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Brazilian judge dismisses first dictatorship era case involving an Army officer

Saturday, March 17th 2012 - 07:18 UTC
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Colonel Sebastiao Curio Rodrigues de Moura, 77, commanded troops in the Amazon region Colonel Sebastiao Curio Rodrigues de Moura, 77, commanded troops in the Amazon region

Brazilian judge dismissed the first charges ever brought against an army officer over crimes committed during the country's 1964-1985 military dictatorship, dealing a blow to rights groups and victims' families.

Prosecutors brought charges this week against Colonel Sebastiao Curio Rodrigues de Moura, 77, who commanded troops they say kidnapped and tortured five members of the Araguaia guerrilla movement in the Amazon that was fighting to impose communism.

Human rights groups had applauded the charges as a “landmark step for accountability in Brazil,” which critics say has taken only timid steps to deal with that dark chapter in its history. The fate of the five and several hundred others has never been discovered.

Prosecutors argued the kidnapping of the five was not covered by a 1979 amnesty law because they were not found and the case never closed. The prosecution argument heeded a 2010 decision by the Inter-American Court of Human Rights that Brazil must investigate those kidnappings and punish the perpetrators.

In dismissing the charges, Federal Judge Joao Cesar Matos argued they were covered by the amnesty law.

“Pretending that you can skirt around the amnesty law to reopen the debate over military dictatorship-era crimes ... disregards the historical circumstances which, in a great effort of national reconciliation, led to its implementation,” the judge said in a statement on the Federal Justice website of Para state.

The judge added that even if he accepted the case, the legal time limit for a sentence to be given had passed.

Federal prosecutors in Para state said they would appeal the judge's decision.

The accused colonel was a notorious figure from the dictatorship period that began after a military coup. He took over the running of the region in the Amazon where his troops were stationed and earned a fortune overseeing artisanal, or small, independent mining.

The judge's decision came on the day Defence Minister Celso Amorim called for the powers of a recently established truth commission to be expanded to enable it to investigate all the wrongdoing of the era.

Brazil's military dictatorship was less murderous than those in Argentina and Chile, but the country's leadership has been criticized for not doing more to investigate the violent acts committed and mete out punishment to those responsible.

About 475 people are estimated to have been killed or have disappeared during the dictatorship.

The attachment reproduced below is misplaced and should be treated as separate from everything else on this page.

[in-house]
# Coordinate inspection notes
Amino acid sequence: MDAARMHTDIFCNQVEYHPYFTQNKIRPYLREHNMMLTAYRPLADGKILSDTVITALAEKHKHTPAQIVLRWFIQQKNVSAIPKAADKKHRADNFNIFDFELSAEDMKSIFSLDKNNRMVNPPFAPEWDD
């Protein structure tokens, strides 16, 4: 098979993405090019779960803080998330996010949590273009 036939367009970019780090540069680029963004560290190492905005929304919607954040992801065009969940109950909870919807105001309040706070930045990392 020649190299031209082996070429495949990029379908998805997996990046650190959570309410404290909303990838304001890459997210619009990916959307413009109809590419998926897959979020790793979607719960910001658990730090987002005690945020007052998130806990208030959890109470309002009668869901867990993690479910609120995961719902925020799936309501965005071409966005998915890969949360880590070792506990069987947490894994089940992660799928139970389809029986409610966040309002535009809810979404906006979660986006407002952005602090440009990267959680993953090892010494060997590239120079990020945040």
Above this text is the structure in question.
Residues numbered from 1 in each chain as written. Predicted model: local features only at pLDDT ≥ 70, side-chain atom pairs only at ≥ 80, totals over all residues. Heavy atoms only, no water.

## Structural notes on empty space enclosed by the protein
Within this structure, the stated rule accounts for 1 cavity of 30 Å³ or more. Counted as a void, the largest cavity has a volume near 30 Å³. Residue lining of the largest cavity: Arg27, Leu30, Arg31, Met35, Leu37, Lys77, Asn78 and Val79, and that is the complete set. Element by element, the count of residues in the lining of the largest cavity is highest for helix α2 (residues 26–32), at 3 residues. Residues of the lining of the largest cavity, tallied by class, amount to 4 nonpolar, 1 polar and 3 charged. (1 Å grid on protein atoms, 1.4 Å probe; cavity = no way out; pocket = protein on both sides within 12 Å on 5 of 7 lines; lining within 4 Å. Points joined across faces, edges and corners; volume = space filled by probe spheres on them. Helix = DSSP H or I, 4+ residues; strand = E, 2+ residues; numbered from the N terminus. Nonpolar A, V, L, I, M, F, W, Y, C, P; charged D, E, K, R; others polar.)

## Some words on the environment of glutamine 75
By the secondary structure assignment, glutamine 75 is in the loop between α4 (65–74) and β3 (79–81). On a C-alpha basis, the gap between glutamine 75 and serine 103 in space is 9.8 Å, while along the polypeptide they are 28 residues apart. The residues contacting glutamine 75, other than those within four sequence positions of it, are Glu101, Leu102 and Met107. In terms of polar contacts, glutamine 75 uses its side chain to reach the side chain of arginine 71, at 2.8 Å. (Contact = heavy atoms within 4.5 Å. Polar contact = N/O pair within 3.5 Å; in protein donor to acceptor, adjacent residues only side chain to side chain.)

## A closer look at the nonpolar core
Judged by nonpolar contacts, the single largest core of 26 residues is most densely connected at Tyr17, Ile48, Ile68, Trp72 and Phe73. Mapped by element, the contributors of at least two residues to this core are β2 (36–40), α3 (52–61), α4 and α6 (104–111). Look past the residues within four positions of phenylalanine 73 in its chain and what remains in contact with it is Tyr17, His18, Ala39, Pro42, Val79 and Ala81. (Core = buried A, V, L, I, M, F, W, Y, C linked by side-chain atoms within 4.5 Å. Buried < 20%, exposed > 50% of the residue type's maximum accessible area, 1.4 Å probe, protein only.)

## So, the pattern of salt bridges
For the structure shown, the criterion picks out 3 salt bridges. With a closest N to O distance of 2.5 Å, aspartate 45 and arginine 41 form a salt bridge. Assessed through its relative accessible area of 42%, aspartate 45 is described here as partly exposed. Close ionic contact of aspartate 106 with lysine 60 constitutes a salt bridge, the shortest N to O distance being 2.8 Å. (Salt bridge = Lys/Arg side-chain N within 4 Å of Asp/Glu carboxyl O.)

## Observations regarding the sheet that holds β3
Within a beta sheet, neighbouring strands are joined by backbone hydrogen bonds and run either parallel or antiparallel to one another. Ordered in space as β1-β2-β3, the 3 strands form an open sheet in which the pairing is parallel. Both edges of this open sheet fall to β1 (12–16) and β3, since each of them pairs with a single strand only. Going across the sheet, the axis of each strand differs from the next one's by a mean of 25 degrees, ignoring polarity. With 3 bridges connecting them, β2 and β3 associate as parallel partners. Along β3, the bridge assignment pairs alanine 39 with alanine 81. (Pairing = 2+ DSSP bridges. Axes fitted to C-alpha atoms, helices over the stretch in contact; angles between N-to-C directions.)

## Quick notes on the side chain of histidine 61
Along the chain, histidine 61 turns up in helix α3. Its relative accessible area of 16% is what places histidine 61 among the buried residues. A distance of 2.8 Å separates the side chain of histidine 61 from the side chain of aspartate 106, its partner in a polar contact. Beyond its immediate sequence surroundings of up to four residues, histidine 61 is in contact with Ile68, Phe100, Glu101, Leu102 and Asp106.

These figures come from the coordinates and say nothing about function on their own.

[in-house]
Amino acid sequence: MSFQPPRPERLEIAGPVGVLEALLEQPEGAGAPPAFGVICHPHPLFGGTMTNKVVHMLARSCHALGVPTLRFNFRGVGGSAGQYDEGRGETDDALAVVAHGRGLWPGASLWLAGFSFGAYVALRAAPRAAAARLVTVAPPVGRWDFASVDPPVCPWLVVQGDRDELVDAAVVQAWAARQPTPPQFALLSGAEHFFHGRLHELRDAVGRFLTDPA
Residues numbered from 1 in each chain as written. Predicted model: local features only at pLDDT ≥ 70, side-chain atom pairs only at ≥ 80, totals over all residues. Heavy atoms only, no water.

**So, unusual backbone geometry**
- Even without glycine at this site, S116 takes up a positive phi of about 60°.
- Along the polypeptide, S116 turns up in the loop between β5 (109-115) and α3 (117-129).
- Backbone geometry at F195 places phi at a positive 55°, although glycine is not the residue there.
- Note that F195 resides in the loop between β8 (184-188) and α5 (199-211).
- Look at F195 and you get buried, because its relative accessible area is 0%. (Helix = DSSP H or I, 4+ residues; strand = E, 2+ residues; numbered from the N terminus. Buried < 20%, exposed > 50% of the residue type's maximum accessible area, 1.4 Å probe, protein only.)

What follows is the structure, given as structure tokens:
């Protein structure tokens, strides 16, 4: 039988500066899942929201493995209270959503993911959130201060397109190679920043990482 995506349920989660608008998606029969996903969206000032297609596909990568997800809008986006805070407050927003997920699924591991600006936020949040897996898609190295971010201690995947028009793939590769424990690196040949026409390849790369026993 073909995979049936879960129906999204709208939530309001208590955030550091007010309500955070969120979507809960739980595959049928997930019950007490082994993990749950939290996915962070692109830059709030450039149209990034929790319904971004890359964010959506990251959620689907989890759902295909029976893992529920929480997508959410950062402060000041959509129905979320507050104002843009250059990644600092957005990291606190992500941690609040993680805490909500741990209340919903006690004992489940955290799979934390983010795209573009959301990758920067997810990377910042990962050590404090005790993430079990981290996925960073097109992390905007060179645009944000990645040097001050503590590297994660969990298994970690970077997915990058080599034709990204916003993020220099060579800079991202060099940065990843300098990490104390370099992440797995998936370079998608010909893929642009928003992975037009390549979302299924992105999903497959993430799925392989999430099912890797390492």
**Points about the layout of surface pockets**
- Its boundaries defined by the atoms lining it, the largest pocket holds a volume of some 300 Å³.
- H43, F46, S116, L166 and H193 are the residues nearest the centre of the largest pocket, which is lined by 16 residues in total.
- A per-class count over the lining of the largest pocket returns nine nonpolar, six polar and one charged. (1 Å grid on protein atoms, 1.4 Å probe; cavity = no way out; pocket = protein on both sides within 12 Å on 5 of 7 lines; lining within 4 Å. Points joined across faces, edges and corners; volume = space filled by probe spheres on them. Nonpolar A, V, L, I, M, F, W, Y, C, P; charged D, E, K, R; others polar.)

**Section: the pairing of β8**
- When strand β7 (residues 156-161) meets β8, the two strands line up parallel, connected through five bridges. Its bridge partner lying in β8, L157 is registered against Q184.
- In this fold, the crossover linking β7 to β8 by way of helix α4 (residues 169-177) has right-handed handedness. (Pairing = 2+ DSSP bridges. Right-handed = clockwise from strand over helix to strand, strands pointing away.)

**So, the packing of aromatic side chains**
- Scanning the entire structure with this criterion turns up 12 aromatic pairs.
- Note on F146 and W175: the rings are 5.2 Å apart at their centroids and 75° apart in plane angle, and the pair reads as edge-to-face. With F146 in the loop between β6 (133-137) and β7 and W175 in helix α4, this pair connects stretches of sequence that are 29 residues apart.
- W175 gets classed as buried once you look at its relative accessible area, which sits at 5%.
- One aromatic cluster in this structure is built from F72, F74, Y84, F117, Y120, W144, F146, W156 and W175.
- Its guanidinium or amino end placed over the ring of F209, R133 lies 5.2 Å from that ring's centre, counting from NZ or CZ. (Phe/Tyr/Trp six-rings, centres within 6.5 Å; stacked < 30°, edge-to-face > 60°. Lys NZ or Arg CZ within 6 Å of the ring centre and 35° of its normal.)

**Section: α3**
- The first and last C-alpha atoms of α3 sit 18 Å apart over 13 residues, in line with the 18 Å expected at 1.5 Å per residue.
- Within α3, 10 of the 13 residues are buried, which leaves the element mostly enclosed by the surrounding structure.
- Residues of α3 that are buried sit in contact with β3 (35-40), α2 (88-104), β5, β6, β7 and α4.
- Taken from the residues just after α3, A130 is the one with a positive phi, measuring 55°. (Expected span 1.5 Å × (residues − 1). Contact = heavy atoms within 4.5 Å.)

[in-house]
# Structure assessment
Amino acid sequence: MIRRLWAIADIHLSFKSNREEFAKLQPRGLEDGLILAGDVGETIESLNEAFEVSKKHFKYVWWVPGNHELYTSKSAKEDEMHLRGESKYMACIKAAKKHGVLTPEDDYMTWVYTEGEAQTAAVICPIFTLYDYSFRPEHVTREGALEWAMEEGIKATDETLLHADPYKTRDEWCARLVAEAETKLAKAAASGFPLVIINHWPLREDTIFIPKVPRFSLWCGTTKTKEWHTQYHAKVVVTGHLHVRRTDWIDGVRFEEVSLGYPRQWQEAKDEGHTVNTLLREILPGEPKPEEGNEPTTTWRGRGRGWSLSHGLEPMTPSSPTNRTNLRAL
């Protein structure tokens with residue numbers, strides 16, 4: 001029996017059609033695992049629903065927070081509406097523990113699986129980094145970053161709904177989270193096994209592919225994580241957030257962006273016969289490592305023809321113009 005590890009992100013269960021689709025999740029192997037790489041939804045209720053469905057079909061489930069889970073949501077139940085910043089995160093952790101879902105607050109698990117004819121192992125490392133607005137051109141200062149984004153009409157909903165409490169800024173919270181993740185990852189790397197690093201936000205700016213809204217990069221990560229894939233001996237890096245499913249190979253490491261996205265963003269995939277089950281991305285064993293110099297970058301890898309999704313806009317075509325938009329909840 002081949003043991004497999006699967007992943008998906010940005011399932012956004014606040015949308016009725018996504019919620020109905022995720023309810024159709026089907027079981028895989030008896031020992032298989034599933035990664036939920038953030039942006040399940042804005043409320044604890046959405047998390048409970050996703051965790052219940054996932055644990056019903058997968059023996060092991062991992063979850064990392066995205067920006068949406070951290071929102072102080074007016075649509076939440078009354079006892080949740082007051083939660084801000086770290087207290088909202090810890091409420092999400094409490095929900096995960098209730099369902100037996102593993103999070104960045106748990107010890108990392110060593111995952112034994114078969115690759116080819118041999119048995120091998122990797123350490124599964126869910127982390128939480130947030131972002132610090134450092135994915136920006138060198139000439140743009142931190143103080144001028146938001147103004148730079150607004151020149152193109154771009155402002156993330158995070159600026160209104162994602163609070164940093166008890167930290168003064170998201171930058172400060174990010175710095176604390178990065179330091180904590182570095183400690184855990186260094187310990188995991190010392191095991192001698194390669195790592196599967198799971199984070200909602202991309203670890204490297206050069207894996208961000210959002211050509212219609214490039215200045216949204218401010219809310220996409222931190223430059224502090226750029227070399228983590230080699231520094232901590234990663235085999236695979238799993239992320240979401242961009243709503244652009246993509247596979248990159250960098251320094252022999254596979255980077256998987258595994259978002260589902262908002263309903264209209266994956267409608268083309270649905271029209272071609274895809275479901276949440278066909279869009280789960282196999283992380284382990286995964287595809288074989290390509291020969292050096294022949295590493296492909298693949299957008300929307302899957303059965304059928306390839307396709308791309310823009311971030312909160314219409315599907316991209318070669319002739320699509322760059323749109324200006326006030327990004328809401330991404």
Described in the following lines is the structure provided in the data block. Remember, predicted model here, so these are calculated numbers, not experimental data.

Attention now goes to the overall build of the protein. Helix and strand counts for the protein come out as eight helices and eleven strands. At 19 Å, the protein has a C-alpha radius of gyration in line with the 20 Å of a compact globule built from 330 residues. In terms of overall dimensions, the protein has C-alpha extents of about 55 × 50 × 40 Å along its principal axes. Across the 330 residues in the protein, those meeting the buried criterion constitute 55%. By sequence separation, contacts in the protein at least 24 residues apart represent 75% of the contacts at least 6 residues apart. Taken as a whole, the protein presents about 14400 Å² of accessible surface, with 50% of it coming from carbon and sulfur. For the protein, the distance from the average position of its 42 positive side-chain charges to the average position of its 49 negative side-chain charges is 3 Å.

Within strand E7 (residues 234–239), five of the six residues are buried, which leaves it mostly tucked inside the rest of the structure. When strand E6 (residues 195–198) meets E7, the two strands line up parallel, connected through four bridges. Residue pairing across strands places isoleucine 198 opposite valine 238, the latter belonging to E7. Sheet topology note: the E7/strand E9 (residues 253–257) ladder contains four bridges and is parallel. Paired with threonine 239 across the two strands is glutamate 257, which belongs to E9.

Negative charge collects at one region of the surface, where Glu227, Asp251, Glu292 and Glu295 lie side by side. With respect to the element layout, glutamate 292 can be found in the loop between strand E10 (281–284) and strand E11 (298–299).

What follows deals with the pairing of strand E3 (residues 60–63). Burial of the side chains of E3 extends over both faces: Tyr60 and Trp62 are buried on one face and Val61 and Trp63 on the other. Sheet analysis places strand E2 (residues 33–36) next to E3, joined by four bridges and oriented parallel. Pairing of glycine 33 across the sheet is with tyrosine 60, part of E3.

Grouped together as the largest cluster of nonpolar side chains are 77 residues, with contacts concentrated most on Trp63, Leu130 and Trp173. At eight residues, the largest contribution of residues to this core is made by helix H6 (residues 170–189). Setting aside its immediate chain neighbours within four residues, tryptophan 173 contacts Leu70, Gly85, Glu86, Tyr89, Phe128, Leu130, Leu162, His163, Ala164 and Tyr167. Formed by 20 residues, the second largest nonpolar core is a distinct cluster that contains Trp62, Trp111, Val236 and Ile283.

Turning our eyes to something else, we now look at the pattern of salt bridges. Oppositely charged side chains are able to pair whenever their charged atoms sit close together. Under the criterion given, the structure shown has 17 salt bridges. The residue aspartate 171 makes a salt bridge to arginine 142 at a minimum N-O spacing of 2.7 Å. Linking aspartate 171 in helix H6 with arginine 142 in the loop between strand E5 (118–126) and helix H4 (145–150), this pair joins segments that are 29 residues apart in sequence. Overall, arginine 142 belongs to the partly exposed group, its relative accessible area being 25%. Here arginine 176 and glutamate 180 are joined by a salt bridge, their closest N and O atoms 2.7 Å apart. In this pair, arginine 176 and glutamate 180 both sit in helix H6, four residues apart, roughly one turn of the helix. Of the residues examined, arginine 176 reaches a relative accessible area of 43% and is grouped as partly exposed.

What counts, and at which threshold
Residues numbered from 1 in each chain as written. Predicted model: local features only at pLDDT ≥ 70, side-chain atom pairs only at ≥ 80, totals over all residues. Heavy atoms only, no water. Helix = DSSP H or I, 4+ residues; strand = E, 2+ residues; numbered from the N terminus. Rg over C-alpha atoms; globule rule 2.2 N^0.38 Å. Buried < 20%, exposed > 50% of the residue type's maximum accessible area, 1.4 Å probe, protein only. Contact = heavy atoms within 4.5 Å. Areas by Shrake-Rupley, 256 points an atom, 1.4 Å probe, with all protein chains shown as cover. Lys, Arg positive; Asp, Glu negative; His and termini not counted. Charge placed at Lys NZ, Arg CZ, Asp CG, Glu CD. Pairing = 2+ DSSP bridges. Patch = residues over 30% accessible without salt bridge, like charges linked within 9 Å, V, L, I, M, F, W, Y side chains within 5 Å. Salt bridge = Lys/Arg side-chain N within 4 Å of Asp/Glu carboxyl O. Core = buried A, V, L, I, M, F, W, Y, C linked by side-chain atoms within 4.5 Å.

The issue is also a delicate one for Dilma Rousseff, Brazil's first woman president, who was herself a left-wing combatant during the dictatorship, subjected to torture at the hands of the military and imprisoned.

Rousseff has been careful to avoid creating the perception she is out to avenge the wrongs she suffered.

There is strong resistance against repealing the law among the military, many of whose dictatorship-era officers have yet to retire and argue the military saved Brazil from a communist revolution.

Top Comments

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  • GreekYoghurt

    bag.. money... in a ... allegedly.

    Mar 17th, 2012 - 11:01 am 0
  • GeoffWard2

    Twenty years of military rule with an average of around 20 people killed or disappeared each year.

    The present 'authority-induced' mortalities/disappeareds, in the back-country and in and around the favelas, are much greater than this in Brasil at the moment, and this is a contemporary civil democracy.

    I'm not excusing the military era - and I do know a bit about it from personal friends and contacts - but we now have some perspective and comparisons with other South American nations that did similar things over the same period.
    Military-governed Brasil was not 'clean' but, equally, it was not a totally evil regime. Today - and for right or wrong - in the West we call it 'hunting down the insurgents'.

    There IS the amnesty in place and this is of immense importance.
    Dilma allowed the case to be brought and it took its course and acquitted, perhaps on a technicality.
    We know other South American nations where the legal arm of government runs at the whim of the president - though there are still problems with the application of law in Brasil, Brasilian legal systems are much less corrupt.

    Though I would have prefered a Truth *and Reconciliation* Commission if there had to be investigations within the Amnesty, this judgement has shown the increasing maturity of Brasil as a nation.

    Mar 17th, 2012 - 04:49 pm 0
  • Helber Galarga

    the amnesty could (if they wanted to) be dropped very easily.

    if they were crimes against humanity, they never prescribe.

    Mar 19th, 2012 - 11:43 am 0
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